Know­ing oth­ers are pro­ject­ing can help you learn more about your­self too. For in­stance, if you’re con­fused as to why your friends always ask “Is ev­ery­thing’s ok?” when you feel fine, con­sider that your friends may be ob­serv­ing cer­tain be­hav­iors they them­selves would ex­hibit when un­com­fortable. And maybe you are, in fact, un­com­fortable, but aren’t con­sciously aware of it.
The sim­plest ex­pla­na­tion is usu­ally correct
As you de­velop your men­tal model of peo­ple, you’ll no­tice mod­els share a lot in com­mon. For in­stance, prim­i­tive mo­tives like at­trac­tion, at­ten­tion and sta­tus can ex­plain the same be­hav­iors ex­hibited in many peo­ple. Th­ese “uni­ver­sal” com­po­nents to your mod­els of­ten yield more likely hy­pothe­ses. Peo­ple are ob­vi­ously more typ­i­cal than they are not.
Try to pick out which be­hav­iors are con­sis­tently ex­plained by the same mechanism in your mod­els. For in­stance, it’s helpful to know that most sub­mis­sive/​dom­i­nant be­hav­ior is done out of sta­tus dis­par­i­ties, not some idiosyn­cratic per­son­al­ity trait. Your knowl­edge of how peo­ple in­ter­act with sta­tus dis­par­i­ties will offer a pow­er­ful start­ing hy­poth­e­sis.
As you con­tinue to merge your mod­els to­gether, you’ll be that much closer to a unify­ing the­ory of peo­ple!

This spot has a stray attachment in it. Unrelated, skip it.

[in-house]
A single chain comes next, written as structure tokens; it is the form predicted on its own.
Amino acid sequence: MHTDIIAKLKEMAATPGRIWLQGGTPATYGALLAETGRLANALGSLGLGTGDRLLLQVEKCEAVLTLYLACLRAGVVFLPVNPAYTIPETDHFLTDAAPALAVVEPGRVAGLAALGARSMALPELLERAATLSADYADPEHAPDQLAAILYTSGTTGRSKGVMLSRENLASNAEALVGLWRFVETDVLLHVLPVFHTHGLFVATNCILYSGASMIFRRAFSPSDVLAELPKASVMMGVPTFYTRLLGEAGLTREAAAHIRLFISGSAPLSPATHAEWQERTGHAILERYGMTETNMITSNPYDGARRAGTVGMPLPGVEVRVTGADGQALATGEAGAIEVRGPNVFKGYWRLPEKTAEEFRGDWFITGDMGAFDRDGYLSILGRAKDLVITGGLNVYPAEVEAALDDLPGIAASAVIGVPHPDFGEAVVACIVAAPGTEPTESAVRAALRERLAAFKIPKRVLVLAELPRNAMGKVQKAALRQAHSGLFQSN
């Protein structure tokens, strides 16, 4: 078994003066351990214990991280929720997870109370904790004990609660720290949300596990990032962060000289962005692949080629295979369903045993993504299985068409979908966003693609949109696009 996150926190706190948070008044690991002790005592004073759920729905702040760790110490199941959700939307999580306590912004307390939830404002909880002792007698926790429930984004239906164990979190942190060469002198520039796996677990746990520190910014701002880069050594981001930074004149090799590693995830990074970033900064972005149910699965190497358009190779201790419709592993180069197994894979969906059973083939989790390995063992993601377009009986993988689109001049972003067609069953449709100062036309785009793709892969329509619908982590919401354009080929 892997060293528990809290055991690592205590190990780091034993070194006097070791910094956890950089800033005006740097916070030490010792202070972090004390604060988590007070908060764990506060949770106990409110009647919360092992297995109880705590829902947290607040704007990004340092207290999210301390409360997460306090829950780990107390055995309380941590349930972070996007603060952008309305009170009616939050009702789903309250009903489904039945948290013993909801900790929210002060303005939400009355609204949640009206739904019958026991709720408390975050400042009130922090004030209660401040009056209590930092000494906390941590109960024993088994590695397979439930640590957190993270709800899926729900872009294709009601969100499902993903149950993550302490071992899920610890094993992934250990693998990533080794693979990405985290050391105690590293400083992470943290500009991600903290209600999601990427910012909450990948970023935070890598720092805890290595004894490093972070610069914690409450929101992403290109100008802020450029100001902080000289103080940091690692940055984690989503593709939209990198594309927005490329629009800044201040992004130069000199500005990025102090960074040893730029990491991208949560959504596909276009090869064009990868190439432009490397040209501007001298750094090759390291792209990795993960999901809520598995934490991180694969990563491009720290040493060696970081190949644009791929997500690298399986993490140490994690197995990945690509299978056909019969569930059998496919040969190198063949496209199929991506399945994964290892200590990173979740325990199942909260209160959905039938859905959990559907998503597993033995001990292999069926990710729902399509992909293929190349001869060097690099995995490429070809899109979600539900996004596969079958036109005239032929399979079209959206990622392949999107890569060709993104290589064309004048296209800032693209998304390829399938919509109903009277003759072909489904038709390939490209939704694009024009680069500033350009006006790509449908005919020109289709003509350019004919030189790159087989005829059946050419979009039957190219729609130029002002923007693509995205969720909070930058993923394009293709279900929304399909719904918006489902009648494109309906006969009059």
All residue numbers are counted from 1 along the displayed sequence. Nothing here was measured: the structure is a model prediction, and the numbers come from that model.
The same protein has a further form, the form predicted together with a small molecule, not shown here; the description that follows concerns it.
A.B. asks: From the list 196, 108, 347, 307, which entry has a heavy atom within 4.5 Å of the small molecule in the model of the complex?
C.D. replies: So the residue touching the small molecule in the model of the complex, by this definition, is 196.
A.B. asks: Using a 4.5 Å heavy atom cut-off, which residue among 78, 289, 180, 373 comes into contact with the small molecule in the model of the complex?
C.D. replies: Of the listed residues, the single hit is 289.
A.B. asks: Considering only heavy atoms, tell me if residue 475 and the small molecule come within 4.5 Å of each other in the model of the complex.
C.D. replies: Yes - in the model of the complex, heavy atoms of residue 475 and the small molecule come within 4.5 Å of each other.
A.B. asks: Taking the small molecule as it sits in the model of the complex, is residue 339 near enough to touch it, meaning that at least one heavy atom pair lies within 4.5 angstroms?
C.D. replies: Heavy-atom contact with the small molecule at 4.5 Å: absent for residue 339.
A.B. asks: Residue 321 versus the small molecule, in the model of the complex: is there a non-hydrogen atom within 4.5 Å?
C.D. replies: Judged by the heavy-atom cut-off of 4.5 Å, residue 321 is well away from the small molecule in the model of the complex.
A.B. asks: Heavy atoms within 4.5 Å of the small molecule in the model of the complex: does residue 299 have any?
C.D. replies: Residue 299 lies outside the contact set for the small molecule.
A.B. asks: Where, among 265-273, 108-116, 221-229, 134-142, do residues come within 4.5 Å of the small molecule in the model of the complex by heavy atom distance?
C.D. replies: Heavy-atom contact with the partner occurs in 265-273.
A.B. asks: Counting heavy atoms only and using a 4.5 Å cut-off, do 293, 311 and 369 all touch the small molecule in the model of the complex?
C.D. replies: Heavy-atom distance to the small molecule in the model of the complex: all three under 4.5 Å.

Build mod­els of peo­ple, like a scientist
Start de­vel­op­ing mod­els of in­di­vi­d­u­als and groups, which pre­dict their be­hav­iors un­der cer­tain cir­cum­stances. Like a sci­en­tist, when the model proves to have low pre­dic­tive value, tweak them un­til they do. Com­bin­ing your mod­els is a good ap­proach.
Say you’re hav­ing trou­ble un­der­stand­ing why your brother does ev­ery­thing his new “friend” tells him to do. He’s never acted like that to­wards any­one be­fore; your model of your brother is miss­ing some­thing. For­tu­nately, you’ve seen such be­hav­ior be­fore, ex­plained by a differ­ent model, the one of your co-worker. That model made you re­al­ize that, like your co-worker, your brother finds his new friend much higher sta­tus and feels lucky re­ceiv­ing his at­ten­tion. Not only did you strengthen your brother model, you’ve also col­lected more ev­i­dence that such be­hav­ior is more likely sta­tus-re­lated and less likely per­son-spe­cific, mak­ing all your mod­els more ro­bust.
Ex­pe­rience more
If I tried imag­in­ing what a pro­fes­sional soc­cer player feels like scor­ing a win­ning goal, I’d use my mem­ory of the time I scored the win­ning goal at a pick-up soc­cer game and mul­ti­ply my eu­pho­ria by some fac­tor. Imag­in­ing what emo­tions some­one would feel un­der cir­cum­stances you’ve never ex­pe­rienced isn’t easy. Your best ap­prox­i­ma­tion may de­pend on a similar cir­cum­stance you have ex­pe­rienced. There­fore, ex­pe­rienc­ing more means be­ing a bet­ter em­pathizer.
Em­pa­thy checklist
Here’s a short check­list of the differ­ent tech­niques to use when­ever you’re con­fronted with con­fus­ing be­hav­ior. Run through the list un­til you feel con­fi­dent about your con­clu­sion.
  • Put your­self in their shoes

  • Think of times you’ve been in a similar situ­a­tion and ex­plain your reaction

  • Can the be­hav­ior be ex­plained by a more “uni­ver­sal” model than a per­son-spe­cific one?

  • How are they em­pathiz­ing with you, given they are pro­ject­ing?

  • How are they em­pathiz­ing with you, given what you know about how they per­ceive oth­ers?

  • What suc­cess­ful model have you used to ex­plain similar be­hav­ior for similar peo­ple?

  • Is your con­clu­sion af­fected by your at­ti­tude to­wards the sub­ject?